100 books, book review, books, classics, drama, literature, Shakespeare
After trudging part of the way through both Homer’s Iliad and Nietzsche’s Human, All Too Human, I decided to take a break and read something a bit more lighthearted. Shakespeare is the obvious choice, right? I am an English teacher, and as you might suspect, I love Shakespeare. He and Milton are the two authors that make the English language sound the best it possibly can. One of my eventual goals is to read every one of Shakespeare’s plays. Before yesterday, I had read 14 out of roughly 38 (a few are disputed). Most of those 14 are either tragedies or histories. Yesterday I decided to kill two birds with one stone. I would read another Shakespeare play, but I would read a comedy to lighten things up after several days with Homer and Nietzsche.
I settled on The Comedy of Errors. This is definitely one of Shakespeare’s lighter plays. It features two sets of twin brothers separated at birth. One set of twins are wealthy, and the other set are poor. The parents of the wealthy twins purchase the poor twins shortly after birth to be lifelong servants for their two sons. A shipwreck on the way home separates the family. The father is rescued by one boat with a twin from each set, and the mother is rescued by another boat with the other two twins. Twenty years later, the two sets of twins wind up in the same city and an amusing sequence of events follows. Each twin has the same name as his brother, though none of them know it. Repeatedly mistaken identities, marital strife exacerbated by the mix-ups, beatings, arrests, and accusations of demonic possession make this play an extremely enjoyable farce.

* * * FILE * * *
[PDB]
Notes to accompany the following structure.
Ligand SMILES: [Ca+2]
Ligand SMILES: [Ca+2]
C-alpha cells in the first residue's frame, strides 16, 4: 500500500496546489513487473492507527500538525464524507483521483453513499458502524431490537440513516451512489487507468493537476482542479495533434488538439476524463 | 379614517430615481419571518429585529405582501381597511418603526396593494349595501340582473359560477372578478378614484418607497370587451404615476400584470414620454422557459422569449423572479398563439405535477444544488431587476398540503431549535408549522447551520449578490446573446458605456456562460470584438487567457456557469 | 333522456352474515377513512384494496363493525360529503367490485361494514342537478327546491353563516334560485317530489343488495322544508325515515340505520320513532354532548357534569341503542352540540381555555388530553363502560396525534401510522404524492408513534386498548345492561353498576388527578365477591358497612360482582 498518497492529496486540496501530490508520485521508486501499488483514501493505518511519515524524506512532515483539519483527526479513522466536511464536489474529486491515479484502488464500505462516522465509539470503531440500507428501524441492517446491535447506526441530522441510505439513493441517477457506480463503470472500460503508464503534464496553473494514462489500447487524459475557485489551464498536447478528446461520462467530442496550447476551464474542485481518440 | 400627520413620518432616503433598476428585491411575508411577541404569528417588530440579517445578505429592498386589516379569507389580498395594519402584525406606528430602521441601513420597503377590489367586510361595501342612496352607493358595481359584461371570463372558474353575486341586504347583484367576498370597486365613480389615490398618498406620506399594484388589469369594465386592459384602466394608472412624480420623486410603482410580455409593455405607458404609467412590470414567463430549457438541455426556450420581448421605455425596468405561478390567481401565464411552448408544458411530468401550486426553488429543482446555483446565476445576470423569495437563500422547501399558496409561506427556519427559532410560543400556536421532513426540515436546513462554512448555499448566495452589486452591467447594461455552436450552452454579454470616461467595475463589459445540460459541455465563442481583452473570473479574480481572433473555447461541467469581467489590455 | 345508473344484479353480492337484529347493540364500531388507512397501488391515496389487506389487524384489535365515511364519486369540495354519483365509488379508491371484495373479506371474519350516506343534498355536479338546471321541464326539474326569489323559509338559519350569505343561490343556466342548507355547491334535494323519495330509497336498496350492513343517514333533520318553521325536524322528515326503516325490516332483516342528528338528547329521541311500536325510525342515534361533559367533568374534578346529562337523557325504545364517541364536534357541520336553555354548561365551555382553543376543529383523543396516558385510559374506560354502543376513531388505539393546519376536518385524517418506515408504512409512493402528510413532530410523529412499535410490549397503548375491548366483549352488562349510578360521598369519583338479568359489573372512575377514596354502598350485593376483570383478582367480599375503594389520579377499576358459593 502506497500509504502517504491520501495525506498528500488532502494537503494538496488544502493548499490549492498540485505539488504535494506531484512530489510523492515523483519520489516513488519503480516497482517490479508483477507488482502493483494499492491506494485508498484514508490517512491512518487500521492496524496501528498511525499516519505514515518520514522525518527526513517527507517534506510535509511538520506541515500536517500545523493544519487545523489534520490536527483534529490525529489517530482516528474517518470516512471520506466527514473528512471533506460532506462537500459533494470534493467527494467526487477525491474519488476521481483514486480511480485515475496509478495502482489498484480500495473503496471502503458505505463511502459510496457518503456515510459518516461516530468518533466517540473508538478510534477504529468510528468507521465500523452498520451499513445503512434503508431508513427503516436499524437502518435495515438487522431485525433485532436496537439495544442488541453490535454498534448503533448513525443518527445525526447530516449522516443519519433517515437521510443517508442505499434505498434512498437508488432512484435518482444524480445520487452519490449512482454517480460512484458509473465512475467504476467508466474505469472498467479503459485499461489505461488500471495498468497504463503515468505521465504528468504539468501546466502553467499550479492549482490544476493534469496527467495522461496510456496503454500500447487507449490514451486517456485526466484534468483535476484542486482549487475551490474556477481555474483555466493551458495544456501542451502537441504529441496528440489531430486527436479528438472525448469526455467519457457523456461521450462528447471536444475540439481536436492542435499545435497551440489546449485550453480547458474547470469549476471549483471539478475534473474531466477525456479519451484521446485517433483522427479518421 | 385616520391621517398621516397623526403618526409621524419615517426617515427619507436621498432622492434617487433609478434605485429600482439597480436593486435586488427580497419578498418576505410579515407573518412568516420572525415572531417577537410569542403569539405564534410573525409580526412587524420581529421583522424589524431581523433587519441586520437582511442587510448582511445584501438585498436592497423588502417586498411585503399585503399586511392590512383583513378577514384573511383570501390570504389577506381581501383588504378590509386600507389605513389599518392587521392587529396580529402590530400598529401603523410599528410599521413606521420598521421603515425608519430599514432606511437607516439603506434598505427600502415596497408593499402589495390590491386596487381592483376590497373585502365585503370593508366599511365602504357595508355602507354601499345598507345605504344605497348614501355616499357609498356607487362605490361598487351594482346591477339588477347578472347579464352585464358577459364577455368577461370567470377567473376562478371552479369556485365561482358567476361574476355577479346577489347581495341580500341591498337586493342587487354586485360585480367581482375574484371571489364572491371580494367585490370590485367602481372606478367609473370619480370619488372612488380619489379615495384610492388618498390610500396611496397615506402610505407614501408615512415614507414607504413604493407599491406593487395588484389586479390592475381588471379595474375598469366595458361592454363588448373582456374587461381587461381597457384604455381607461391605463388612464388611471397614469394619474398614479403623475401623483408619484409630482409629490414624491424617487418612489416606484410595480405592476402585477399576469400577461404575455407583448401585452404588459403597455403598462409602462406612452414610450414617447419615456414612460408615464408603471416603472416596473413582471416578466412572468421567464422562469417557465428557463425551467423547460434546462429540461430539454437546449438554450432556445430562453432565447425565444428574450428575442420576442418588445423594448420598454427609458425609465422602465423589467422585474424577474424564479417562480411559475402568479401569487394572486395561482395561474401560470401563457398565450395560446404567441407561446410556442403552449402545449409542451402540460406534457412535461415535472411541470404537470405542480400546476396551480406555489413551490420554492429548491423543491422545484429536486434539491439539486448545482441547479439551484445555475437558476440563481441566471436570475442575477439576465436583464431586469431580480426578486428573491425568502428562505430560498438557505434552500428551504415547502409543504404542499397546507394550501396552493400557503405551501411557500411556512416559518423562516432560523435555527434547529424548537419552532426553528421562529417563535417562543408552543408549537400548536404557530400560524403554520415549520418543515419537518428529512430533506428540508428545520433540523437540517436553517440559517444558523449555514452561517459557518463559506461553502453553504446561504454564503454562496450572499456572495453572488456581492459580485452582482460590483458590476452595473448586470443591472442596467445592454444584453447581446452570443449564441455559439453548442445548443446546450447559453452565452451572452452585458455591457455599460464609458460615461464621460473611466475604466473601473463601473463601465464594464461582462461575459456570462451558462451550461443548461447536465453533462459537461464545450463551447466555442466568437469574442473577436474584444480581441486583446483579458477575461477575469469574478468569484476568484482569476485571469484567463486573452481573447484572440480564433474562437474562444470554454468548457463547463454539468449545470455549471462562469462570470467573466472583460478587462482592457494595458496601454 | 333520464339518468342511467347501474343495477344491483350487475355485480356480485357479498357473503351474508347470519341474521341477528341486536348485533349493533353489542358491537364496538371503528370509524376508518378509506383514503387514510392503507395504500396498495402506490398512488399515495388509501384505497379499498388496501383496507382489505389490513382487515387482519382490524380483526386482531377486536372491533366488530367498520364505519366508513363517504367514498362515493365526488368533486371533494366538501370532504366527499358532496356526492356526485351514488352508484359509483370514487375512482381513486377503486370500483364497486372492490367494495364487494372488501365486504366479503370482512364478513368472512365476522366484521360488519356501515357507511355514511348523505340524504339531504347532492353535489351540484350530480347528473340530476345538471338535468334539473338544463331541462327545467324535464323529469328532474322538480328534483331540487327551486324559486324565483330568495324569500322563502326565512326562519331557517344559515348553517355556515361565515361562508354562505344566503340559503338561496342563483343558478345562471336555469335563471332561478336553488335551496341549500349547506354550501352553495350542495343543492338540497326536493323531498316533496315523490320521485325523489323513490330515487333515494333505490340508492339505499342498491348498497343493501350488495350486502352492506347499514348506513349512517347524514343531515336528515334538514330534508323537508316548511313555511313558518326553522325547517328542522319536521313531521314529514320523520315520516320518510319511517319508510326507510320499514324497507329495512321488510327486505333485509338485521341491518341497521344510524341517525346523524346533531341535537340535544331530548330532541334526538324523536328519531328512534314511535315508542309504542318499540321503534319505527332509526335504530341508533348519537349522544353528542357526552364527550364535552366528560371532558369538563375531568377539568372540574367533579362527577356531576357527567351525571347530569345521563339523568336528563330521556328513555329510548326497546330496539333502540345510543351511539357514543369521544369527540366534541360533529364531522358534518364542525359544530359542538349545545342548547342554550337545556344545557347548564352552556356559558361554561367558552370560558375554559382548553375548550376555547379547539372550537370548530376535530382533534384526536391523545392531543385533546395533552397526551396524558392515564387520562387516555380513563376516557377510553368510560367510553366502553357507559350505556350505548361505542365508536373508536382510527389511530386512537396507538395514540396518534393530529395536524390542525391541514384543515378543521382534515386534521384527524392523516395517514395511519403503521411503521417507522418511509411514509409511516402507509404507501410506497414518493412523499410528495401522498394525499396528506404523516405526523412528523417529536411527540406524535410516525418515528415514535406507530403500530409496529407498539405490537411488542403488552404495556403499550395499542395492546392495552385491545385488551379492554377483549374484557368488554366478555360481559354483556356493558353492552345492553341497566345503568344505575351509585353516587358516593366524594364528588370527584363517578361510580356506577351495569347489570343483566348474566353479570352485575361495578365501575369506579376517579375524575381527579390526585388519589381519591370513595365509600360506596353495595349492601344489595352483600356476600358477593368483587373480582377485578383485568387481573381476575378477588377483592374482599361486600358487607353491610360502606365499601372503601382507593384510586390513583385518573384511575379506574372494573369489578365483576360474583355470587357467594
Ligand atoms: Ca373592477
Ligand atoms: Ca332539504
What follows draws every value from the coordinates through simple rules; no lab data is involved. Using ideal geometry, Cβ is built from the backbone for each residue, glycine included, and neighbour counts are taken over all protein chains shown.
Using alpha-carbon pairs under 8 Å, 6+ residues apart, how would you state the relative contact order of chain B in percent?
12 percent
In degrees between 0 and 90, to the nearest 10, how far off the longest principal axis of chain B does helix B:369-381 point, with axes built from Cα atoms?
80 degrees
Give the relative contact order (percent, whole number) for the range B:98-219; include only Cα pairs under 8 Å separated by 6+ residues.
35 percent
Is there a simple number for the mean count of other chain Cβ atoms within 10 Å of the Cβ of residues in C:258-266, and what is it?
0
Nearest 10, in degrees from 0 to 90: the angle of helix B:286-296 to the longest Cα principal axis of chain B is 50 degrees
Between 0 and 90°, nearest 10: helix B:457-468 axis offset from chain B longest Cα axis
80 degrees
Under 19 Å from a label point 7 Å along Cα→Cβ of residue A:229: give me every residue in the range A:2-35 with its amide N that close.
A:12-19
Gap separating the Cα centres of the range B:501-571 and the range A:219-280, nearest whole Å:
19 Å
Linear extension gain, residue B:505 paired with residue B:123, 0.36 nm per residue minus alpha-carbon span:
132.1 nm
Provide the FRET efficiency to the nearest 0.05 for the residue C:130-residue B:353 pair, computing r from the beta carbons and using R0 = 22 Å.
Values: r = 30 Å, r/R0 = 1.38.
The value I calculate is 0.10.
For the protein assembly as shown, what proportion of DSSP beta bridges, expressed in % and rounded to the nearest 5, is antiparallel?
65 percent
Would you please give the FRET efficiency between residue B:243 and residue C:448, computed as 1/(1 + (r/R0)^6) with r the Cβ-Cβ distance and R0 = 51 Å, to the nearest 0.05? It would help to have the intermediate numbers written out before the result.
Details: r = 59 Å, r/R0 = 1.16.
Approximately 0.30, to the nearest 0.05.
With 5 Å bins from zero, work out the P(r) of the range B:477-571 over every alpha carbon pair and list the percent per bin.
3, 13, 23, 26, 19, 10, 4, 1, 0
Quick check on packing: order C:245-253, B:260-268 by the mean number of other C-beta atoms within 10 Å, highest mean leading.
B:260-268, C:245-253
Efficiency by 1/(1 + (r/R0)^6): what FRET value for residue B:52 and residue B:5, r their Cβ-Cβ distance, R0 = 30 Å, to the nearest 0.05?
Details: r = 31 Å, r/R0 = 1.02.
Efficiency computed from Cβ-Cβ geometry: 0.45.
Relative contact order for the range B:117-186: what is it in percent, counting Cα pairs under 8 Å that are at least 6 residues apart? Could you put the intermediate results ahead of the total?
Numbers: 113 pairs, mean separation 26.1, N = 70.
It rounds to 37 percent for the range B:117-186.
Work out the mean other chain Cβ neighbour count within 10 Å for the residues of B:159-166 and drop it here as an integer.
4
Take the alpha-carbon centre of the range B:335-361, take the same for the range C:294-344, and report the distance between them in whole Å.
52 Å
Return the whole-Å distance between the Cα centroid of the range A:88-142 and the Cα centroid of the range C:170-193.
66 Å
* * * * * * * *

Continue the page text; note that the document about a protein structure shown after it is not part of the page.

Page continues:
Many critics have dismissed The Comedy of Errors as simple comedic fluff. I strongly disagree. Beyond his linguistic skill, I believe that one of Shakespeare’s greatest gifts is his perception of relationship dynamics. All of his plays read as studies in interpersonal relations. The Comedy of Errors showcases a multitude of relationships in a very insightful way. I also thought that the confusion regarding the identity of the twins can offer an interesting perspective on the world we currently inhabit, with identity theft such an enormous problem. I would recommend The Comedy of Errors to any Shakespeare fan looking for a change of pace from the histories and tragedies. I should have another post or two in the next few days, so please check back soon!
The Current Count:
9 Read, 91 To Go
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